Seven Footprints to Satan by A. Merritt

Seven Footprints to Satan

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subjects: Fantasy

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Description

The most beautiful and powerful people in the world had bargained with the Devil. They played Russian Roulette with seven footprints to world domination–and lost. They had become subject to the Collector of Infernal Revenue–Satan. The Master Player of games would glut his lust with souls and gain world power through diabolical manipulations. But into his collection comes James Kirkham, an American explorer determined to prove that the steps are stacked.


281 pages, with a reading time of ~4.5 hours (70,273 words), and first published in 1927. This DRM-Free edition published by epubBooks, .

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Excerpt

The clock was striking eight as I walked out of the doors of the Discoverers’ Club and stood for a moment looking down lower Fifth Avenue. As I paused, I felt with full force that uncomfortable sensation of being watched that had both puzzled and harassed me for the past two weeks. A curiously prickly, cold feeling somewhere deep under the skin on the side that the watchers are located; an odd sort of tingling pressure. It is a queer sort of a sensitivity that I have in common with most men who spend much of their lives in the jungle or desert. It is a throwback to some primitive sixth sense, since all savages have it until they get introduced to the white man’s liquor.

Trouble was I couldn’t localize the sensation. It seemed to trickle in on me from all sides. I scanned the street. Three taxis were drawn up along the curb in front of the Club. They were empty and their drivers busy talking. There were no loiterers that I could see. The two swift side-rubbing streams of traffic swept up and down the Avenue. I studied the windows of the opposite houses. There was no sign in them of any watchers.

Yet eyes were upon me, intently. I knew it.

The warning had come to me in many places this last fortnight. I had felt the unseen watchers time and again in the Museum where I had gone to look at the Yunnan jades I had made it possible for rich old Rockbilt to put there with distinct increase to his reputation as a philanthropist; it had come to me in the theater and while riding in the Park; in the brokers’ offices where I myself had watched the money the jades had brought me melt swiftly away in a game which I now ruefully admitted I knew less than nothing about. I had felt it in the streets, and that was to be expected. But I had also felt it at the Club, and that was not to be expected and it bothered me more than anything else.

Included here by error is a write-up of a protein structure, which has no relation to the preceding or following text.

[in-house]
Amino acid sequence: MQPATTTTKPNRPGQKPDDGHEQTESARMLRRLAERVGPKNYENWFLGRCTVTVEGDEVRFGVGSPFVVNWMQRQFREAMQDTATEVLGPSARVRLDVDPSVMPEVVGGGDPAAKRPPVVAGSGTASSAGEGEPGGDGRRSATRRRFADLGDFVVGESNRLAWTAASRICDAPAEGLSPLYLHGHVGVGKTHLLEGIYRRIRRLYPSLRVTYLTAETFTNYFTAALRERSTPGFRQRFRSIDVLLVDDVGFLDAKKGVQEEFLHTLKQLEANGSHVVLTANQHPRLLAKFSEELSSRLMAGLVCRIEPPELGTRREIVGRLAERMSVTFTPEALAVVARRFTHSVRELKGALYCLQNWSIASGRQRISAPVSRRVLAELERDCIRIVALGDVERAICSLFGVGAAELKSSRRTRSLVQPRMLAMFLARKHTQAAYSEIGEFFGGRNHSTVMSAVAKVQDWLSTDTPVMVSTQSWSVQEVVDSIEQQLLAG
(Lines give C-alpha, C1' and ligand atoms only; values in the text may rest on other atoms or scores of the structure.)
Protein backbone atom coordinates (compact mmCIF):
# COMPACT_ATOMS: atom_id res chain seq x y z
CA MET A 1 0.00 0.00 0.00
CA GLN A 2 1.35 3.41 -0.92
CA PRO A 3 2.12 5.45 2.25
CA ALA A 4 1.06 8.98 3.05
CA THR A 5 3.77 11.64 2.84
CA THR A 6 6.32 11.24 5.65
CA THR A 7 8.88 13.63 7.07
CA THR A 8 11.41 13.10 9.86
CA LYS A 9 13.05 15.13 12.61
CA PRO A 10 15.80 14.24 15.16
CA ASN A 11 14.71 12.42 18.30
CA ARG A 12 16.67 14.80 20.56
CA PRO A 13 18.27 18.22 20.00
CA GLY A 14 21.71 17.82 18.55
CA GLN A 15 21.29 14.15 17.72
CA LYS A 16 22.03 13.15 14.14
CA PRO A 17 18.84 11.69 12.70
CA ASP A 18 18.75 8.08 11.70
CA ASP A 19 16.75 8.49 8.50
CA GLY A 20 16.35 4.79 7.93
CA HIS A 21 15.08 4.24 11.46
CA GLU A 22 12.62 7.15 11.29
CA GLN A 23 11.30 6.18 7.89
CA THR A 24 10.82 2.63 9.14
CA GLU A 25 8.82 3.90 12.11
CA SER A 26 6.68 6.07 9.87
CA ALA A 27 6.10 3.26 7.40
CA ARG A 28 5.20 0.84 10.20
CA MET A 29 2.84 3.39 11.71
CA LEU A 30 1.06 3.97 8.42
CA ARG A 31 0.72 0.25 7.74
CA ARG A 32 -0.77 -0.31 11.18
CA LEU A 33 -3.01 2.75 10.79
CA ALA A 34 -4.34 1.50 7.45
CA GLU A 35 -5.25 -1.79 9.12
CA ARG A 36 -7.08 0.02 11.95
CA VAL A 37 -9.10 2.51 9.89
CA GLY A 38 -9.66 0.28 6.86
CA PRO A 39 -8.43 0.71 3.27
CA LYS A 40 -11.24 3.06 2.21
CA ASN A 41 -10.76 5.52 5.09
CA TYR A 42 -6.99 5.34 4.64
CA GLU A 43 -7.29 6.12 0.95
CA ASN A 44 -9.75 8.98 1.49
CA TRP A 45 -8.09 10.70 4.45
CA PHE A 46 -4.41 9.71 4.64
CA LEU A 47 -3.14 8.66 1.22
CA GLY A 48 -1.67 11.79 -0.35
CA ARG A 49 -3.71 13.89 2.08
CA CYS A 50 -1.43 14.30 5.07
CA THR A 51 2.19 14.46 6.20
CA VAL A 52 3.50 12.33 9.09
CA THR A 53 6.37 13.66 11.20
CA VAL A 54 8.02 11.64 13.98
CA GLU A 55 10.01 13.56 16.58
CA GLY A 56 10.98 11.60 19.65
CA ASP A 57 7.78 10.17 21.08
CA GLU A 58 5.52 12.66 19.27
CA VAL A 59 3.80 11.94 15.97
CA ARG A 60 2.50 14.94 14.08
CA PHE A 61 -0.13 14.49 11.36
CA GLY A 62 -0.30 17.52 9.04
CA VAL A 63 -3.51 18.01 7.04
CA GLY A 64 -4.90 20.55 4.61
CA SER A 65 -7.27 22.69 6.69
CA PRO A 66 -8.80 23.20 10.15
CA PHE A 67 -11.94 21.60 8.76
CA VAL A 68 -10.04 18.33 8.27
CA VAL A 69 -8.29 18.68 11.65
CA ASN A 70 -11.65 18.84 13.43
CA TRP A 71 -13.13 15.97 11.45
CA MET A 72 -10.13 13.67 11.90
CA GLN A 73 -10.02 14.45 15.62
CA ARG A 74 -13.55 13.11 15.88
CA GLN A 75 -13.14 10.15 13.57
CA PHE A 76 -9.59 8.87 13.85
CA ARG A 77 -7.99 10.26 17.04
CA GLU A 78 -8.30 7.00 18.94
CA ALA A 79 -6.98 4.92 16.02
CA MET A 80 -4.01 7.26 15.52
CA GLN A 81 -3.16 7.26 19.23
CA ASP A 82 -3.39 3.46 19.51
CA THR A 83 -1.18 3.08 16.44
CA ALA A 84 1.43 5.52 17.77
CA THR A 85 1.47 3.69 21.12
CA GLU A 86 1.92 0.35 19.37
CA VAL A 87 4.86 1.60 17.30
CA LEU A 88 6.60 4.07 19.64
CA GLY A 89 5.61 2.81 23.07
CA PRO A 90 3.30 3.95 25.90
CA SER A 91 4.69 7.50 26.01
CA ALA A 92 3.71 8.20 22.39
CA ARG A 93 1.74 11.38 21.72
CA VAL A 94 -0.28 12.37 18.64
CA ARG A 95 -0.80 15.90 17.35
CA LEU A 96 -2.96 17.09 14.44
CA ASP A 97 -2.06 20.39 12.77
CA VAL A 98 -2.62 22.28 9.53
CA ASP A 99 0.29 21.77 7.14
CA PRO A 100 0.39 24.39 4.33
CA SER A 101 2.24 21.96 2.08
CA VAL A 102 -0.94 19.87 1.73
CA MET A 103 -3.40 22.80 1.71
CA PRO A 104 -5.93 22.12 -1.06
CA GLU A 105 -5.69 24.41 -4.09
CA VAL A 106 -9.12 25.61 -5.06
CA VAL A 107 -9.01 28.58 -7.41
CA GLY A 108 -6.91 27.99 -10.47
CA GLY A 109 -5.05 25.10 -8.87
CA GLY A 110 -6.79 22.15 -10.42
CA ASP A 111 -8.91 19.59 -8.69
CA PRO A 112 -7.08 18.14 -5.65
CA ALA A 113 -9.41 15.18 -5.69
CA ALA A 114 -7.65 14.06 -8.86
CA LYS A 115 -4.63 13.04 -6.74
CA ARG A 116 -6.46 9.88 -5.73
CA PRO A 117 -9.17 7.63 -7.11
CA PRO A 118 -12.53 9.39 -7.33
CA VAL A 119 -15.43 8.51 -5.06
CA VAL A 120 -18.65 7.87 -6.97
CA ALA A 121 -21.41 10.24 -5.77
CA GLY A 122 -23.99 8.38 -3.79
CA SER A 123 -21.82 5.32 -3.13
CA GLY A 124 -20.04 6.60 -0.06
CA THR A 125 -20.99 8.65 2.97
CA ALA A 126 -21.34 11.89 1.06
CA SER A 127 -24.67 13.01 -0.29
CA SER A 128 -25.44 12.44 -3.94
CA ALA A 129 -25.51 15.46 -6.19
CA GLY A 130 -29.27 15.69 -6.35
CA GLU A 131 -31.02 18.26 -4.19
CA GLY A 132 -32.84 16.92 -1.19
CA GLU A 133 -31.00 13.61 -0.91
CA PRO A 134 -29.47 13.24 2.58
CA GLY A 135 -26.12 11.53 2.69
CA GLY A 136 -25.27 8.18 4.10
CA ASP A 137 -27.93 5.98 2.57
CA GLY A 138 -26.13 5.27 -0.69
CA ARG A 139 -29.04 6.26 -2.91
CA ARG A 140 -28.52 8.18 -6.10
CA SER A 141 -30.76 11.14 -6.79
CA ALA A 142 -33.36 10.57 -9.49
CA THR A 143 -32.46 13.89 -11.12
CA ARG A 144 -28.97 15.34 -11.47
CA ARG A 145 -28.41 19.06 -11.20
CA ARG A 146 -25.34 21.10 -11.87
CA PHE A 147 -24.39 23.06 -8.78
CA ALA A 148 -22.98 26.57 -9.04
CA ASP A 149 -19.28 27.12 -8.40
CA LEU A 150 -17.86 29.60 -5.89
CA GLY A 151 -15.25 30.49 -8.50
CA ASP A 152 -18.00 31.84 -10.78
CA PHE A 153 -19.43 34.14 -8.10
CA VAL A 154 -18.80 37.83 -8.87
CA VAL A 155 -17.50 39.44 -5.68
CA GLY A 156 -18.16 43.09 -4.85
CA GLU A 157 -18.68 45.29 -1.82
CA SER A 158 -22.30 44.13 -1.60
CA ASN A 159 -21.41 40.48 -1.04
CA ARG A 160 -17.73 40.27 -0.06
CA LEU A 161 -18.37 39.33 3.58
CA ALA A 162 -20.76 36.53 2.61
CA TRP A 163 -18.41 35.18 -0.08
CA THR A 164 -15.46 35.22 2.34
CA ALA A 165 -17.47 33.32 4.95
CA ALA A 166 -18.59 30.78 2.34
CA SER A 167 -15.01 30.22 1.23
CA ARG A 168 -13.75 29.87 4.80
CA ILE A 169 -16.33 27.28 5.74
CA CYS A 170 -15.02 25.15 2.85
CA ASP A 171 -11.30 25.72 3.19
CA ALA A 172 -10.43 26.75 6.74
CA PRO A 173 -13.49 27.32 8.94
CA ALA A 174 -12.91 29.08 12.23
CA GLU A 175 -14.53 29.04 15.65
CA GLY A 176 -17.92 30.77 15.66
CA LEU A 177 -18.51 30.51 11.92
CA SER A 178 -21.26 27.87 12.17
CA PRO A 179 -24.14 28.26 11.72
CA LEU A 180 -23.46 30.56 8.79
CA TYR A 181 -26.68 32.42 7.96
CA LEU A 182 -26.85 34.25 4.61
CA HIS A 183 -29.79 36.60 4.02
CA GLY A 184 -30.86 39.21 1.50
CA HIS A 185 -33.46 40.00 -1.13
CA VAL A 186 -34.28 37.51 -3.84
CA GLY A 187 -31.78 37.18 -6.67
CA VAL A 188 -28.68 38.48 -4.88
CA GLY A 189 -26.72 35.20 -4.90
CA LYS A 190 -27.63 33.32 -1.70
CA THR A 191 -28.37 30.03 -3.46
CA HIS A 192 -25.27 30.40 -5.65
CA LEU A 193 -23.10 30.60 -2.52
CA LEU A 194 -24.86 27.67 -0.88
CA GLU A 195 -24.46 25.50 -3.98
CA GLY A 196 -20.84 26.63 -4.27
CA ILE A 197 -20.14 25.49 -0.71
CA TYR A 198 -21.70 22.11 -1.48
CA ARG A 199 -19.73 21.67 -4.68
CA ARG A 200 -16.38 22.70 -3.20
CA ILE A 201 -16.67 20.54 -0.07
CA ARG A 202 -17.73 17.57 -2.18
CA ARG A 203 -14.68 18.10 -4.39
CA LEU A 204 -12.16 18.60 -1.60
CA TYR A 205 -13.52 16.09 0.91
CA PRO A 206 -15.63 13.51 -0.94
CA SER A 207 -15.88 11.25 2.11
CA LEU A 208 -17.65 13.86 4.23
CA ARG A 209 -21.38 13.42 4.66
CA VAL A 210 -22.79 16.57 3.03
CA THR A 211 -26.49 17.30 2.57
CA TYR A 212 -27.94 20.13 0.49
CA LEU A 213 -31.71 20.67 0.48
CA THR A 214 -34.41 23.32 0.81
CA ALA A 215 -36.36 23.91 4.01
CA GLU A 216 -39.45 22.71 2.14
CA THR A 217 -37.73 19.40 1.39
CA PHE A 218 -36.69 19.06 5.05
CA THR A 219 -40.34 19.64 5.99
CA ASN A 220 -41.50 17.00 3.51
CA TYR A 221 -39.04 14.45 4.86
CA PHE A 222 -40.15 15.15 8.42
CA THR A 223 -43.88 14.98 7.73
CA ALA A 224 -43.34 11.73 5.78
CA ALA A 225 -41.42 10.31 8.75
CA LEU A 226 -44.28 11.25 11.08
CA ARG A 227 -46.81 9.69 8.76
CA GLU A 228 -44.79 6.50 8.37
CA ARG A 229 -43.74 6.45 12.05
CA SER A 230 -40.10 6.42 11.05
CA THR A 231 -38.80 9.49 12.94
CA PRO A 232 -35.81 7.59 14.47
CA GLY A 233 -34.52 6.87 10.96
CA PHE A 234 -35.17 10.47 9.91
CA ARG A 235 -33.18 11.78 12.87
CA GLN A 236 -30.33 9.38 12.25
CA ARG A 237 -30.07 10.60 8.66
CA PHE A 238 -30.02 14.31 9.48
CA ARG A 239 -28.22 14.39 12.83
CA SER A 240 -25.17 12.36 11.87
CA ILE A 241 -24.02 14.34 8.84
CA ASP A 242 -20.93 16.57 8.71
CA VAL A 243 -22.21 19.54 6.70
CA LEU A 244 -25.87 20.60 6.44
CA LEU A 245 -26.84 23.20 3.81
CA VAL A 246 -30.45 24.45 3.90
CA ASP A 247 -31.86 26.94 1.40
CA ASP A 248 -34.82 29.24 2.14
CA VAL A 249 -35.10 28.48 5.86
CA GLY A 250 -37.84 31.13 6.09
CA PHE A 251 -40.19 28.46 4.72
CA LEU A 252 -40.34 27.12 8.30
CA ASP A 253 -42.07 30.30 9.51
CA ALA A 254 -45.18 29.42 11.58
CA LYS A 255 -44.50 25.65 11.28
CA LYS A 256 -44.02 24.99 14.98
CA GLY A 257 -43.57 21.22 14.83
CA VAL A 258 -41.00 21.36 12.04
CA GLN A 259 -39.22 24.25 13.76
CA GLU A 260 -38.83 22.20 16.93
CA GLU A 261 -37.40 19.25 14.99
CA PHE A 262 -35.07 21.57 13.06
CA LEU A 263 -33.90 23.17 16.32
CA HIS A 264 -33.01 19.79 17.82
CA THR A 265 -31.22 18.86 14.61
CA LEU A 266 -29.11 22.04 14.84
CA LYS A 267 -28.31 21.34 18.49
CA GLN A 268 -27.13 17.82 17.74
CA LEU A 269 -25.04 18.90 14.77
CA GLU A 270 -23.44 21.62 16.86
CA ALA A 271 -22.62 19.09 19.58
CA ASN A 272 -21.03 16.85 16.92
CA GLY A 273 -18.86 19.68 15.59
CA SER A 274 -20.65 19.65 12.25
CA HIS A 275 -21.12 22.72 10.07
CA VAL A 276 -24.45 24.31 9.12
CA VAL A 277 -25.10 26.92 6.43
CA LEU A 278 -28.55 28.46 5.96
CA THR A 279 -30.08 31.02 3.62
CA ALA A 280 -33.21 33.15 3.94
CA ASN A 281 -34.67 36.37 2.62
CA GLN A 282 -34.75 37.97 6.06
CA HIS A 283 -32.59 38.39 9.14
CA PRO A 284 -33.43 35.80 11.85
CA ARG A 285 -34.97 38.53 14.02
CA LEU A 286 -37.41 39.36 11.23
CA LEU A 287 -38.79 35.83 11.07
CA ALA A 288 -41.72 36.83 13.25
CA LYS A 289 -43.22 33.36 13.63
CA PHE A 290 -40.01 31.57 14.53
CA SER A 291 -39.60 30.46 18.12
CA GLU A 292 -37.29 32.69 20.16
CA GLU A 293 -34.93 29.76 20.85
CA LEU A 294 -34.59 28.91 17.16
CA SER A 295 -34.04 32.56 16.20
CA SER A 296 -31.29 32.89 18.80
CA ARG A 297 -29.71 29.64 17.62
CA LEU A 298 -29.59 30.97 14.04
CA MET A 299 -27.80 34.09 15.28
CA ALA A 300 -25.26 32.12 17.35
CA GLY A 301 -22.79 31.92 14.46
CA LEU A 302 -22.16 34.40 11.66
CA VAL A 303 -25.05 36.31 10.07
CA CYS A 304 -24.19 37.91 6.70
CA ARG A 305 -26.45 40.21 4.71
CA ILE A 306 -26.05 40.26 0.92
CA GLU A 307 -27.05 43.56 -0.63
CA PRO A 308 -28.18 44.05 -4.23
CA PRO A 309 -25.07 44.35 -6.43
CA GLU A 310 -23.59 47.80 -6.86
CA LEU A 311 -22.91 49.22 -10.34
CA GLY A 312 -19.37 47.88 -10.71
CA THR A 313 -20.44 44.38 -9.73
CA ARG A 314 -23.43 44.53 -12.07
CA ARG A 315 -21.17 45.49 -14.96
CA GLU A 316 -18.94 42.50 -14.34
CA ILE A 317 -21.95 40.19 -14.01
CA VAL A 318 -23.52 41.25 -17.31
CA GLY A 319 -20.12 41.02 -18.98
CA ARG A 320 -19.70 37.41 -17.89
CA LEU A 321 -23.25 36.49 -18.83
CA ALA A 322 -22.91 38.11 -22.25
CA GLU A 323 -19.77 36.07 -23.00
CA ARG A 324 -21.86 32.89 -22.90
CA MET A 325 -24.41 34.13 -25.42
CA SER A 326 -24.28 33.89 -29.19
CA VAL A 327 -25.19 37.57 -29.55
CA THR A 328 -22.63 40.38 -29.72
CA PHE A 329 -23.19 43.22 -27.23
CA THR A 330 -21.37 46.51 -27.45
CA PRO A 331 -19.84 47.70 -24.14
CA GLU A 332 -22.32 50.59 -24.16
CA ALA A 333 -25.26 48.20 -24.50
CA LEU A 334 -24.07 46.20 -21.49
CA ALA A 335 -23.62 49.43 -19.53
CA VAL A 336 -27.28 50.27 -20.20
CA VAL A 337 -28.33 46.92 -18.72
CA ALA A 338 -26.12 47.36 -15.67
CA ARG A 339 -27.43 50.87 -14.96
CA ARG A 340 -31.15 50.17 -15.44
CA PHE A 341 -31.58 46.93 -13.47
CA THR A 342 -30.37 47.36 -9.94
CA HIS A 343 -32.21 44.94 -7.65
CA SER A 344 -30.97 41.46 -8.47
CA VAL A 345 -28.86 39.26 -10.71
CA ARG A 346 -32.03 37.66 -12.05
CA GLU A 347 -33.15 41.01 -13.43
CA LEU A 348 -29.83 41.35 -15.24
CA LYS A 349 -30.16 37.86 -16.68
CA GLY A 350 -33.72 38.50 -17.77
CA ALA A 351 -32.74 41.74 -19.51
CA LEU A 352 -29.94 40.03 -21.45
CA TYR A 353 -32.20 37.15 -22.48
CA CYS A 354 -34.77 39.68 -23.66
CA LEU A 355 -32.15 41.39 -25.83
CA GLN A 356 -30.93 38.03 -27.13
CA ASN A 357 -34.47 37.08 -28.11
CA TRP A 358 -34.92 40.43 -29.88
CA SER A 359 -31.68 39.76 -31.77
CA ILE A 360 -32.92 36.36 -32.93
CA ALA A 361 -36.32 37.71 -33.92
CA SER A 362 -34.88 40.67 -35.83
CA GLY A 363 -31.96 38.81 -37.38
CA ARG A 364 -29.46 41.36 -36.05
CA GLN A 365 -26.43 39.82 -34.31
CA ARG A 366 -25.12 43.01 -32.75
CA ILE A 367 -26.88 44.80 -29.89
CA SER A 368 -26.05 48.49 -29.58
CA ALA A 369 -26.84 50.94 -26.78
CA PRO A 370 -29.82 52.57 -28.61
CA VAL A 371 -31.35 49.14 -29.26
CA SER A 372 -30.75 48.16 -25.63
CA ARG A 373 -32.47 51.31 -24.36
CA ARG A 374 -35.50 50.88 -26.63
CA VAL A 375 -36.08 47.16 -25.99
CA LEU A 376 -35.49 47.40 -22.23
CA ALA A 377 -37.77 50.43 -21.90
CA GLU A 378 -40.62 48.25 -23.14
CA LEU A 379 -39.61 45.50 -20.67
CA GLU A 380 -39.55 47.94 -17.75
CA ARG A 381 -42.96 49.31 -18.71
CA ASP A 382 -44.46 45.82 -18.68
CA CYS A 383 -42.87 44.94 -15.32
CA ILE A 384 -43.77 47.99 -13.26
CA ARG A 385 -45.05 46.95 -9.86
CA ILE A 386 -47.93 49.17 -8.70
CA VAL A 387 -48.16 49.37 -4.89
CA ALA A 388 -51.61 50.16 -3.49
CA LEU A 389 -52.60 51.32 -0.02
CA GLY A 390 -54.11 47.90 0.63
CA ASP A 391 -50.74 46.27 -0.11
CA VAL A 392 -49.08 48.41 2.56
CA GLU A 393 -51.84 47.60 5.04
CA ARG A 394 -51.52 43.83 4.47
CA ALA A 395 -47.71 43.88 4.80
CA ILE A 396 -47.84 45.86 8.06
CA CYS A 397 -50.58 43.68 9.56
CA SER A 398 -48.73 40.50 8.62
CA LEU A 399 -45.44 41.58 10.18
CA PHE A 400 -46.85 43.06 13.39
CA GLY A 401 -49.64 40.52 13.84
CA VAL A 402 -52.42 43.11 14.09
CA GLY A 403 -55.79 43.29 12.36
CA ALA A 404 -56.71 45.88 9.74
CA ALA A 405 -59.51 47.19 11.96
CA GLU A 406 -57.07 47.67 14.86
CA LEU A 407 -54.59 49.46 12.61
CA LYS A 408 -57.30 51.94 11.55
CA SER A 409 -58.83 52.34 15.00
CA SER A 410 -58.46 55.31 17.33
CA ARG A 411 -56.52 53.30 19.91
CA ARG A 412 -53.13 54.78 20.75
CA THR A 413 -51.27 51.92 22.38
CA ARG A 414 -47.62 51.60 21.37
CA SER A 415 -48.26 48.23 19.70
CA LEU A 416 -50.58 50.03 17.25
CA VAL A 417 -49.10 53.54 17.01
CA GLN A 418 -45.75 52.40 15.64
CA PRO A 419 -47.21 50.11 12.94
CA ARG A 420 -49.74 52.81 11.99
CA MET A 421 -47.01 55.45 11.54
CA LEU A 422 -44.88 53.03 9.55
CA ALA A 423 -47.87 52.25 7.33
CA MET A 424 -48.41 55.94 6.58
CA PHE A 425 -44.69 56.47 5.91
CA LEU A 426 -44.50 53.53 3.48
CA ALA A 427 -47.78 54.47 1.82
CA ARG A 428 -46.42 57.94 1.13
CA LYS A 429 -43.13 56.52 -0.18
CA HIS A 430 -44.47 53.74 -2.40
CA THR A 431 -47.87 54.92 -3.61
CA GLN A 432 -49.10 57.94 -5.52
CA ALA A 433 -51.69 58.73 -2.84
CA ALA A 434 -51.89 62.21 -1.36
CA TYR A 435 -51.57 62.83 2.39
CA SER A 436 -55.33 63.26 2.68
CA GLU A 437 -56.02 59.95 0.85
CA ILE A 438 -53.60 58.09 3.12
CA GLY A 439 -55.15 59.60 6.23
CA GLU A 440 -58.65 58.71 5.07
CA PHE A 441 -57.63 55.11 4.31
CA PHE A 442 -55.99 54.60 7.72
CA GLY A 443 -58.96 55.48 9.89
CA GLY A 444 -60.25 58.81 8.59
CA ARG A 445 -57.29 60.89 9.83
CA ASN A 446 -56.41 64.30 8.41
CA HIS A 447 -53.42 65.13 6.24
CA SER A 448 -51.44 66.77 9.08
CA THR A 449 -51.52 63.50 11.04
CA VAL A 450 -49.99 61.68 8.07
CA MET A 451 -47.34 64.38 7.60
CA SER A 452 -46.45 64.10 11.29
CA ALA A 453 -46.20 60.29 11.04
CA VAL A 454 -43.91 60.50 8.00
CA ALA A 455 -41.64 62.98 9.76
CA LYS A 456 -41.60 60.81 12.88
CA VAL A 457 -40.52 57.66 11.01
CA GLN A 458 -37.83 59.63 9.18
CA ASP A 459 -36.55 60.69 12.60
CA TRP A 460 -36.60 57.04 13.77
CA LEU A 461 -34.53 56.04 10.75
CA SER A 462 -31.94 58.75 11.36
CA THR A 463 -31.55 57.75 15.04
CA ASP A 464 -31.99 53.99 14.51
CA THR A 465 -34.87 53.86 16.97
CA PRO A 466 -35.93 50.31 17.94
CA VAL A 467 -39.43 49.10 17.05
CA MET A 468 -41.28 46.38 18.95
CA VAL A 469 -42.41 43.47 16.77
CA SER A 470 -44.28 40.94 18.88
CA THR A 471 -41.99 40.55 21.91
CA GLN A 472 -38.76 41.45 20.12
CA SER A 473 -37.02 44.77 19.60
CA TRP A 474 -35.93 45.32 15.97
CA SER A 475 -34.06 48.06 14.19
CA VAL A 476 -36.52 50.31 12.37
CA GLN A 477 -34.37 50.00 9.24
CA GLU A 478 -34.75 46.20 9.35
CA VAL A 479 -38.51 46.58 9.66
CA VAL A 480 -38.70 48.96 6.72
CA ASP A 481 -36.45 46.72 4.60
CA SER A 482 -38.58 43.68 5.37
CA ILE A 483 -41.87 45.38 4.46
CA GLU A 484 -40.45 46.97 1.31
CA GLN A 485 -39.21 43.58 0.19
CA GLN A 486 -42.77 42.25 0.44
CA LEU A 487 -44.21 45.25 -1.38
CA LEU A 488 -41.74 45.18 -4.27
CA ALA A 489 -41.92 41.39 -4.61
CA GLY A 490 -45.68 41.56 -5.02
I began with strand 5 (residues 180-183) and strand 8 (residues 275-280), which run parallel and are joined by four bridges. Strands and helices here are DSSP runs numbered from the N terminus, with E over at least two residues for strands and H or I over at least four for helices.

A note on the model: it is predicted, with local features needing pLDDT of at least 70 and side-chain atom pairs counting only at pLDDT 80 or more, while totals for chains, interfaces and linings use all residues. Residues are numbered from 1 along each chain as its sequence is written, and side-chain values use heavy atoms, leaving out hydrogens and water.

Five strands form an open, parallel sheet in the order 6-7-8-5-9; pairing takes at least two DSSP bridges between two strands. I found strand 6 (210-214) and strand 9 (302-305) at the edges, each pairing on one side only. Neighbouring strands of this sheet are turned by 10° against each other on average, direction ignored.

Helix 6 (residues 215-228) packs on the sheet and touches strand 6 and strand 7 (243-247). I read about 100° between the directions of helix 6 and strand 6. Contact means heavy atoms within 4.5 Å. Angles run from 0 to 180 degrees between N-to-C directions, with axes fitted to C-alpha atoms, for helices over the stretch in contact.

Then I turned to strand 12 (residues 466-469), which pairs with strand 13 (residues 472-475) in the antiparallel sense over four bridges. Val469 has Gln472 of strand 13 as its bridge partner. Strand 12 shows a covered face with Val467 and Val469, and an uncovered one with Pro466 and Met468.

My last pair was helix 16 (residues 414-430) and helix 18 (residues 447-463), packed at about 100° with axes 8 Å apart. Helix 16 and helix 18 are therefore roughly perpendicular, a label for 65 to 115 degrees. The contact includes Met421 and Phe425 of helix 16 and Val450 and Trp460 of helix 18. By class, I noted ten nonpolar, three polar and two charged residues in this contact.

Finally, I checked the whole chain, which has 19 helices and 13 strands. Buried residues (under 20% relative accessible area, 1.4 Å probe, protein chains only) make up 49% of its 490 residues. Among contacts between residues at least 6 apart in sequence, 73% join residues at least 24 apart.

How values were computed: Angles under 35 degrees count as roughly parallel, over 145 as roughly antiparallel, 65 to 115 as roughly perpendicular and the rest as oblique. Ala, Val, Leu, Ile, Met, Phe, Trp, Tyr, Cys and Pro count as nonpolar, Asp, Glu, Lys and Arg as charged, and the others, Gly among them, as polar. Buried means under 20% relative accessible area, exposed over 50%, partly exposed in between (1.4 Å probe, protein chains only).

Yes, I was under strictest surveillance. But why?

That was what this night I had determined to find out.

At a touch upon my shoulder, I jumped, and swept my hand halfway up to the little automatic under my left armpit. By that, suddenly I realized how badly the mystery had gotten on my nerves. I turned, and grinned a bit sheepishly into the face of big Lars Thorwaldsen, back in New York only a few days from his two years in the Antarctic.

“Bit jerky, aren’t you, Jim?” he asked. “What’s the matter? Been on a bender?”

“Nothing like it, Lars,” I answered. “Too much city, I guess. Too much continual noise and motion. And too many people,” I added with a real candor he could not suspect.

“God!” he exclaimed. “It all looks good to me. I’m eating it up–after those two years. But I suppose in a month or two I’ll be feeling the same way about it. I hear you’re going away again soon. Where this time? Back to China?”

I shook my head. I did not feel like telling Lars that my destination was entirely controlled by whatever might turn up before I had spent the sixty-five dollars in my wallet and the seven quarters and two dimes in my pocket.

“Not in trouble, are you, Jim?” he looked at me more keenly. “If you are, I’d be glad to–help you.”

I shook my head. Everybody knew that old Rockbilt had been unusually generous about those infernal jades. I had my pride, and staggered though I was by that amazingly rapid melting away of a golden deposit I had confidently expected to grow into a barrier against care for the rest of my life, make me, as a matter of fact, independent of all chance, I did not feel like telling even Lars of my folly. Besides, I was not yet that hopeless of all things, a beachcomber in New York. Something would turn up.

“Wait,” he said, as some one called him back into the Club.

But I did not wait. Even less than baring my unfortunate gamble did I feel like telling about my watchers. I stepped down into the street.

Who was it that was watching me? And why? Some one from China who had followed after the treasure I had taken from the ancient tomb? I could not believe it. Kin-Wang, bandit though he might be, and accomplished graduate of American poker as well as of Cornell, would have sent no spies after me. Our, well–call it transaction, irregular as it had been, was finished in his mind when he had lost. Crooked as he might be with the cards, he was not the man to go back on his word. Of that I was sure. Besides, there had been no need of letting me get this far before striking. No, they were no emissaries of Kin-Wang.